Results of the multivariable Cox regression analysis showed no significant difference among the three antithrombotic regimens as compared with prophylactic dose with respect to the composite outcome. Higher oxygen saturation on admission showed to be protective. For every 1 unit increase in oxygen saturation on admission patients had a 4.6% decrease in the risk of the composite. Hypertension or being prescribed tocilizumab were significantly associated with an increased risk of experiencing the composite outcome. Elevated IL-6 levels were also associated with a mild but statistically significant increase in the composite (aHR)=1, (95% CI 1.000 to 1.001, p=0.026) (table 2a).
Patients on PACAP had a 93% decreased risk of experiencing invasive mechanical ventilation (aHR=0.070; 95% CI 0.014 to 0.351, p=0.001).(figure 2) For every unit increase in oxygen saturation on admission the risk of invasive mechanical ventilation decreased by 11.2% (table 2c). Elevated IL-6 levels were also associated with a statistically very mild increase in the composite (aHR=1.001, 95% CI 1.000 to 1.001, p=0.001). Hypertension and the female sex were associated with threefold to fivefold increase in the risk of invasive mechanical ventilation, respectively (table 2c).
TAC regimens with or without concurrent antiplatelet use was associated with an 87.4% and 88.7% of decreased risk of mortality, respectively(figure 2). The calculated number needed to treat in both subgroups was 11 (table 2d). However, when TACAP was compared with TAC alone, there was no statistically significant difference in the rates of mortality (16 (24.6%) vs 7 (22.6%), respectively, p=0.809) (online supplemental material).
Higher bodyweight also showed to be protective. For every 1 kg of bodyweight, patients’ risk of mortality decreased by 2.6%. Every 1 unit increase of oxygen on admission was associated with a 2.6% decrease in mortality. Both hypertension and prior anticoagulation use on presentation were associated with around a 3.7-fold increase in mortality (table 2d)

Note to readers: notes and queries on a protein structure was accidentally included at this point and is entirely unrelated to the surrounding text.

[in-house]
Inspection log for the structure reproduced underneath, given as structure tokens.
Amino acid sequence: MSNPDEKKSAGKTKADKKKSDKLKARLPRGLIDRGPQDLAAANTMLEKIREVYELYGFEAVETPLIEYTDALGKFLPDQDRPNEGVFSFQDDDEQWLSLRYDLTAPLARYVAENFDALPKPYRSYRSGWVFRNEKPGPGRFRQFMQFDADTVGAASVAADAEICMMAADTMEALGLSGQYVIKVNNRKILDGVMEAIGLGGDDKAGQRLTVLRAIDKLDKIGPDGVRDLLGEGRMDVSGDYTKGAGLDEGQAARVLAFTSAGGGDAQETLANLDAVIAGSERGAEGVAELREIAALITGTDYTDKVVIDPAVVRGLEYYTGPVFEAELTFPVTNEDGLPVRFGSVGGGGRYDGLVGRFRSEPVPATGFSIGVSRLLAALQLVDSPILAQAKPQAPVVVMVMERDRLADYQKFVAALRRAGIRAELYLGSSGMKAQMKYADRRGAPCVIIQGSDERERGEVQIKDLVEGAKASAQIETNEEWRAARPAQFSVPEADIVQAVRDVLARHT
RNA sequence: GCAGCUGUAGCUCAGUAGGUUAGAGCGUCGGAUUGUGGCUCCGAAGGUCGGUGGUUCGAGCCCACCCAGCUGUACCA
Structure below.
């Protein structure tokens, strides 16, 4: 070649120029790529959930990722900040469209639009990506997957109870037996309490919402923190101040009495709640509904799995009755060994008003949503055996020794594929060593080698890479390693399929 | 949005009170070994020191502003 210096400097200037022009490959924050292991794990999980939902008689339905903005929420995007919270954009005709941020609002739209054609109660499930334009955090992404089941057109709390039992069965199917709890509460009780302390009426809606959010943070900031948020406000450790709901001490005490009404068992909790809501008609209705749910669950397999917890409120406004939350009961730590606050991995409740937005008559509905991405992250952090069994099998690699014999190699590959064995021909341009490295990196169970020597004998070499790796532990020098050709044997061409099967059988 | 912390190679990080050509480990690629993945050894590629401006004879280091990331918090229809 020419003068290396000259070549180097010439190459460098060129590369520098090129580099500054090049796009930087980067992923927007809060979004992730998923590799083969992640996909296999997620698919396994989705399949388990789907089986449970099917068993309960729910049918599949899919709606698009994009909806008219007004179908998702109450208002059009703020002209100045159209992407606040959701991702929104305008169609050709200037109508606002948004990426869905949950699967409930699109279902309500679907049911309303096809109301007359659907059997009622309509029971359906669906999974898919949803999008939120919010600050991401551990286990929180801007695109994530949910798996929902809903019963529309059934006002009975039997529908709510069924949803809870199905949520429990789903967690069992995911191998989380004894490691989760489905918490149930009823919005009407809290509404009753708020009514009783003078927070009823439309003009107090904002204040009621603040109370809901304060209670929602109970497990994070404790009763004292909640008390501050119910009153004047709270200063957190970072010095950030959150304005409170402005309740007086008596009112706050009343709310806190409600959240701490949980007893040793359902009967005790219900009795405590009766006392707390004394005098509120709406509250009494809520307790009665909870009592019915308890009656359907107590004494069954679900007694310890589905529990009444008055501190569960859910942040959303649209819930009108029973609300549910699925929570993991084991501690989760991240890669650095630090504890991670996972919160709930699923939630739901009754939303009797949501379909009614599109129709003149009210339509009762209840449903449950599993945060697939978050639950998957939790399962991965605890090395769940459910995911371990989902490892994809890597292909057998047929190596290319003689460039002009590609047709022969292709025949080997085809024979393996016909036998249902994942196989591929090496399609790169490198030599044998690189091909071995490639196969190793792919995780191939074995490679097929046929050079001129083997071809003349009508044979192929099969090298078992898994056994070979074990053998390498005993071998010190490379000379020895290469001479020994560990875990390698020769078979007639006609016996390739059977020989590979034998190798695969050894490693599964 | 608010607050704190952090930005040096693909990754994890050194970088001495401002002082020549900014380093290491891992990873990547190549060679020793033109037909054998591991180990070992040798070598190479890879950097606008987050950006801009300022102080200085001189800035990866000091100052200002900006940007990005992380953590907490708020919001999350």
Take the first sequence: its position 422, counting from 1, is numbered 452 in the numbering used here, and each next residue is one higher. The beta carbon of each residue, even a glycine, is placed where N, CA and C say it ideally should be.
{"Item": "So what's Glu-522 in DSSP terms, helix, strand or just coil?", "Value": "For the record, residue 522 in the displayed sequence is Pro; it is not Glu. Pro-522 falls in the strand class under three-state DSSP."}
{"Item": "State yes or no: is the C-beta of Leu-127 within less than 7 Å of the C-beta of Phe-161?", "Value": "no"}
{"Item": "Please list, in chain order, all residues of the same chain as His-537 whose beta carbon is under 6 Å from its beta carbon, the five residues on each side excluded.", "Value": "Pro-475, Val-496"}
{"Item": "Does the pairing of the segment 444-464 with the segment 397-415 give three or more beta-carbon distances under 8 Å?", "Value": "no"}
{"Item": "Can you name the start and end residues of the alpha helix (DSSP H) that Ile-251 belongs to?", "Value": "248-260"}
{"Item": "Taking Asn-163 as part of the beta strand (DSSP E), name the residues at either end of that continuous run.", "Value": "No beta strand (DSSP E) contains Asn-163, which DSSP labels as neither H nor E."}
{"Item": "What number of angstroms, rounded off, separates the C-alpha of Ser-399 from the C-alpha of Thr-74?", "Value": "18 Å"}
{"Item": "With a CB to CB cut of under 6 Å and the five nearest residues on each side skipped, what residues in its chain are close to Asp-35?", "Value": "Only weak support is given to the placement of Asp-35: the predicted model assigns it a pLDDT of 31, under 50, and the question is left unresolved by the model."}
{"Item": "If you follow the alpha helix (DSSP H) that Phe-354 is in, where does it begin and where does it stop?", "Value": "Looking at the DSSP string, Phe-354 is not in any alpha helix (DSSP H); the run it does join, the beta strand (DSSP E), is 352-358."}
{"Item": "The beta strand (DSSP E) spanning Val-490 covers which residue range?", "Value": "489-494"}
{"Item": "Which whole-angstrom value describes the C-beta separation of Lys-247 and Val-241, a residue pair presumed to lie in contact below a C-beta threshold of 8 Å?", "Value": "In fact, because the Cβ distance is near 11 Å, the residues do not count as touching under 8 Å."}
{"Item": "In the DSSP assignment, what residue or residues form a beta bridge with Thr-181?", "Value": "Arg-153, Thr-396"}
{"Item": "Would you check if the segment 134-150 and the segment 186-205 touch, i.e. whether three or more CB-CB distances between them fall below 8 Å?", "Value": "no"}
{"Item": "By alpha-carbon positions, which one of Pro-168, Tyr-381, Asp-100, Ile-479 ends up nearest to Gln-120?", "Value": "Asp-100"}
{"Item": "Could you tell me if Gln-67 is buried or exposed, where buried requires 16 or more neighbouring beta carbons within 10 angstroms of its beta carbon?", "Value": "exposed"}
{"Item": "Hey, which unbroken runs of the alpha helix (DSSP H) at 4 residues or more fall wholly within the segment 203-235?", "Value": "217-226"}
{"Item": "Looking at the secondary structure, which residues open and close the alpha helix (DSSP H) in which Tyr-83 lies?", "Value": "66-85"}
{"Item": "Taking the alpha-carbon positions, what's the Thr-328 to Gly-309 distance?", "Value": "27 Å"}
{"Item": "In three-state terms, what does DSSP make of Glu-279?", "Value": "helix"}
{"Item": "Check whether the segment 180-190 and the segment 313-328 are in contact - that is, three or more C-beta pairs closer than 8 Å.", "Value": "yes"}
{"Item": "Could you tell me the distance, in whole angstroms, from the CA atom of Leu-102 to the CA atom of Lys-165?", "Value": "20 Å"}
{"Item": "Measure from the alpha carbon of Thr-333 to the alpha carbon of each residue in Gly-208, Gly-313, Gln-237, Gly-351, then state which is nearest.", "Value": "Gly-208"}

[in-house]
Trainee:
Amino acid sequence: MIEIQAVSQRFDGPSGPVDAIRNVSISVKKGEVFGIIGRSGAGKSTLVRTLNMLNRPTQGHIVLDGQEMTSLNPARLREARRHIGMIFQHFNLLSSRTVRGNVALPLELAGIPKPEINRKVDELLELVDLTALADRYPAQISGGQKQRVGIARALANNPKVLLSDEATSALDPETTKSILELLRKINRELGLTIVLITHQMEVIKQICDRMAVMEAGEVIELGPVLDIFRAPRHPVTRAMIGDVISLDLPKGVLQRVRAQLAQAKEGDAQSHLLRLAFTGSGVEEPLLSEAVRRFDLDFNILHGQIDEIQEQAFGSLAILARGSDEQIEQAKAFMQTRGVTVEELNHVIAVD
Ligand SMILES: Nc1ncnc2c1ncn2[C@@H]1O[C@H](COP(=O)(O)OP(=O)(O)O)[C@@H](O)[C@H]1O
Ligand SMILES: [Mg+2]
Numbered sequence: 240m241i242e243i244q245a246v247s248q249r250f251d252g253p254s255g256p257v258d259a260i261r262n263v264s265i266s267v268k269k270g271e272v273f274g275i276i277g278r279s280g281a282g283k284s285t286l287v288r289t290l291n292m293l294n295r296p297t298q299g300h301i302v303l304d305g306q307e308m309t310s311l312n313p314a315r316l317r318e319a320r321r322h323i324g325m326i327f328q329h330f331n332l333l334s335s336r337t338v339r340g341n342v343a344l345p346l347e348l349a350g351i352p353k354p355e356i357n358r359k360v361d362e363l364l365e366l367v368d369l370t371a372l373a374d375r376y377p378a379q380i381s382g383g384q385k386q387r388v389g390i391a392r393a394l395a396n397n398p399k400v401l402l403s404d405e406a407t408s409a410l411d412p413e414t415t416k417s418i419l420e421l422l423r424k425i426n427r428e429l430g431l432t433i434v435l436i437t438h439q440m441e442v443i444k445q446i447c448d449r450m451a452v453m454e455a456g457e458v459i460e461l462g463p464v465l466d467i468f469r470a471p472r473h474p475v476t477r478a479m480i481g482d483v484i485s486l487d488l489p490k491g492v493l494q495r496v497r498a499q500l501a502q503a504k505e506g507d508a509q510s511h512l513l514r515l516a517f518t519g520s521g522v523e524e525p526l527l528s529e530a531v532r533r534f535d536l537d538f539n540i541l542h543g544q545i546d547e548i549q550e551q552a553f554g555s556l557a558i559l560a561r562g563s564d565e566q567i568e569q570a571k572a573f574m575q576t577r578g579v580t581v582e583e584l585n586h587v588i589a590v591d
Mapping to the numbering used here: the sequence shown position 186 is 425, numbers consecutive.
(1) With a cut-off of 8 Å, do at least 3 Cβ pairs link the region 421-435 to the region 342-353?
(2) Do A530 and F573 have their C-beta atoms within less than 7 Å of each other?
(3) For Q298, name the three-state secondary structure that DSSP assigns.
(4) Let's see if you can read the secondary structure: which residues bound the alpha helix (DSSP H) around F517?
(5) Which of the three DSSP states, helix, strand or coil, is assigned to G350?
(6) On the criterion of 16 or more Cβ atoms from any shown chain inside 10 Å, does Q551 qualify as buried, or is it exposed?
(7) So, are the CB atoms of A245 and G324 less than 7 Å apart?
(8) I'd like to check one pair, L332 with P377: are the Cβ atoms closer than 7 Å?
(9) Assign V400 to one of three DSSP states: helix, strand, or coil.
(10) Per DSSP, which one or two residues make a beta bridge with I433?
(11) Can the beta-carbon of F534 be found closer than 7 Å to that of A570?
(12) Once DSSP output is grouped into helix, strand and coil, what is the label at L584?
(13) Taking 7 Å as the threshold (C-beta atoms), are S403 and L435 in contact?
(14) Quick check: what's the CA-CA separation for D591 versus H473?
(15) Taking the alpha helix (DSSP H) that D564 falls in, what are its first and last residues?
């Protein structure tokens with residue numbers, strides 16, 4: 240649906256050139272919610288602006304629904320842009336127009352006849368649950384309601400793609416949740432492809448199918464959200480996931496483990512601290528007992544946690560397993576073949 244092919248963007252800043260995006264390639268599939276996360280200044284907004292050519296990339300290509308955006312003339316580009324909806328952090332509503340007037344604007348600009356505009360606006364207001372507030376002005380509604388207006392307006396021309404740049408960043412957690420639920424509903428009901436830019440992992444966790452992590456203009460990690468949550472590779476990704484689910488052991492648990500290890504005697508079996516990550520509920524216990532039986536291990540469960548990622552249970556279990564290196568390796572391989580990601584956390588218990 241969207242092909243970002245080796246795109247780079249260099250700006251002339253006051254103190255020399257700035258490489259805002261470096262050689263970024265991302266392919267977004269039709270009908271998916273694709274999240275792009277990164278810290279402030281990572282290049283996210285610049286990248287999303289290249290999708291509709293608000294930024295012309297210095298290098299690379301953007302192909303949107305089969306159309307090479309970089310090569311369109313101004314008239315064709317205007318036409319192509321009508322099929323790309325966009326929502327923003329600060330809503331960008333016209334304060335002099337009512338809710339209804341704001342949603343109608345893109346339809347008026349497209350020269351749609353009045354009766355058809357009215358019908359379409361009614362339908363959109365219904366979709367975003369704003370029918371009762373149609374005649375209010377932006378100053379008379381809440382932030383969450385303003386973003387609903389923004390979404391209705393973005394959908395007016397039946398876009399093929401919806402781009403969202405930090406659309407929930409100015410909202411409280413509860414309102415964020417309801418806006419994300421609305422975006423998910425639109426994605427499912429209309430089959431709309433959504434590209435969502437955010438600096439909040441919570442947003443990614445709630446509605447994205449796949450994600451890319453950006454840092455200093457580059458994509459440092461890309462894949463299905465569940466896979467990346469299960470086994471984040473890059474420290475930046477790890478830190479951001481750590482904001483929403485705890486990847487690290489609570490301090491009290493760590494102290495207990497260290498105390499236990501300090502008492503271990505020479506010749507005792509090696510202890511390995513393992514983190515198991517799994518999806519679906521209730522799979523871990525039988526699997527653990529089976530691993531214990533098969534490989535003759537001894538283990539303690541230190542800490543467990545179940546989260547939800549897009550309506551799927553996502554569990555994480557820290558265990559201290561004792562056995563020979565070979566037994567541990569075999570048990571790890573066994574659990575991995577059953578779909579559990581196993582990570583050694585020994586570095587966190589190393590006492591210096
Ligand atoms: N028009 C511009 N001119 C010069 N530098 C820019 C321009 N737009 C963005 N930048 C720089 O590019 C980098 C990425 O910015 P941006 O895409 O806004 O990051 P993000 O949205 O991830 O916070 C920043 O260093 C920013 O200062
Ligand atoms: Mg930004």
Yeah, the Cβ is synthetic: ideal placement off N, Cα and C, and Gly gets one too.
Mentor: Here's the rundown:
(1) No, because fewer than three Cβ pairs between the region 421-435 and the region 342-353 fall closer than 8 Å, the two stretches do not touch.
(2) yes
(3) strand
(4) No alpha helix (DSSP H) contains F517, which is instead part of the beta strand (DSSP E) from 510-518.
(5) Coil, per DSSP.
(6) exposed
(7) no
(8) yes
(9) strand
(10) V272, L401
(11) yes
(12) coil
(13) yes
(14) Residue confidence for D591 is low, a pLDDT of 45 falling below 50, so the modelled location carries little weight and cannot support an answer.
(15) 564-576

The results showed no significant difference among the three antithrombotic regimens as compared with prophylactic dose with respect to the ICU admission rate. Higher oxygen saturation on admission showed to be protective decreasing the risk of ICU admission by 4.7% for every unit of oxygen. Hypertension or being prescribed tocilizumab during hospitalisation were significantly associated with around twice the risk of ICU admission. Elevated IL-6 levels were also associated with a statistically very mild increase in the composite (aHR=1, 95% CI 1.000 to 1.001, p=0.031) (table 2b).
In our retrospective study, a propensity matched multivariable Cox regression model demonstrated that the use of concurrent TAC and antiplatelet therapy or TAC alone was associated with improved outcomes in patients hospitalised for COVID-19 infection when compared with patients receiving the standard of care as per current guidelines which is prophylactic dose anticoagulation. A statistically significant reduction in the rate of all-cause in-hospital mortality with no increased rates of major or minor bleeds was found. Furthermore, we demonstrated that PAC plus antiplatelet therapy significantly reduced the rates of invasive mechanical ventilation compared with PAC alone. Importantly, this is the first adequately sized study that clearly dwells on the use of combined anticoagulation and antiplatelet therapy for the treatment of the COVID-19 induced hypercoagulable state.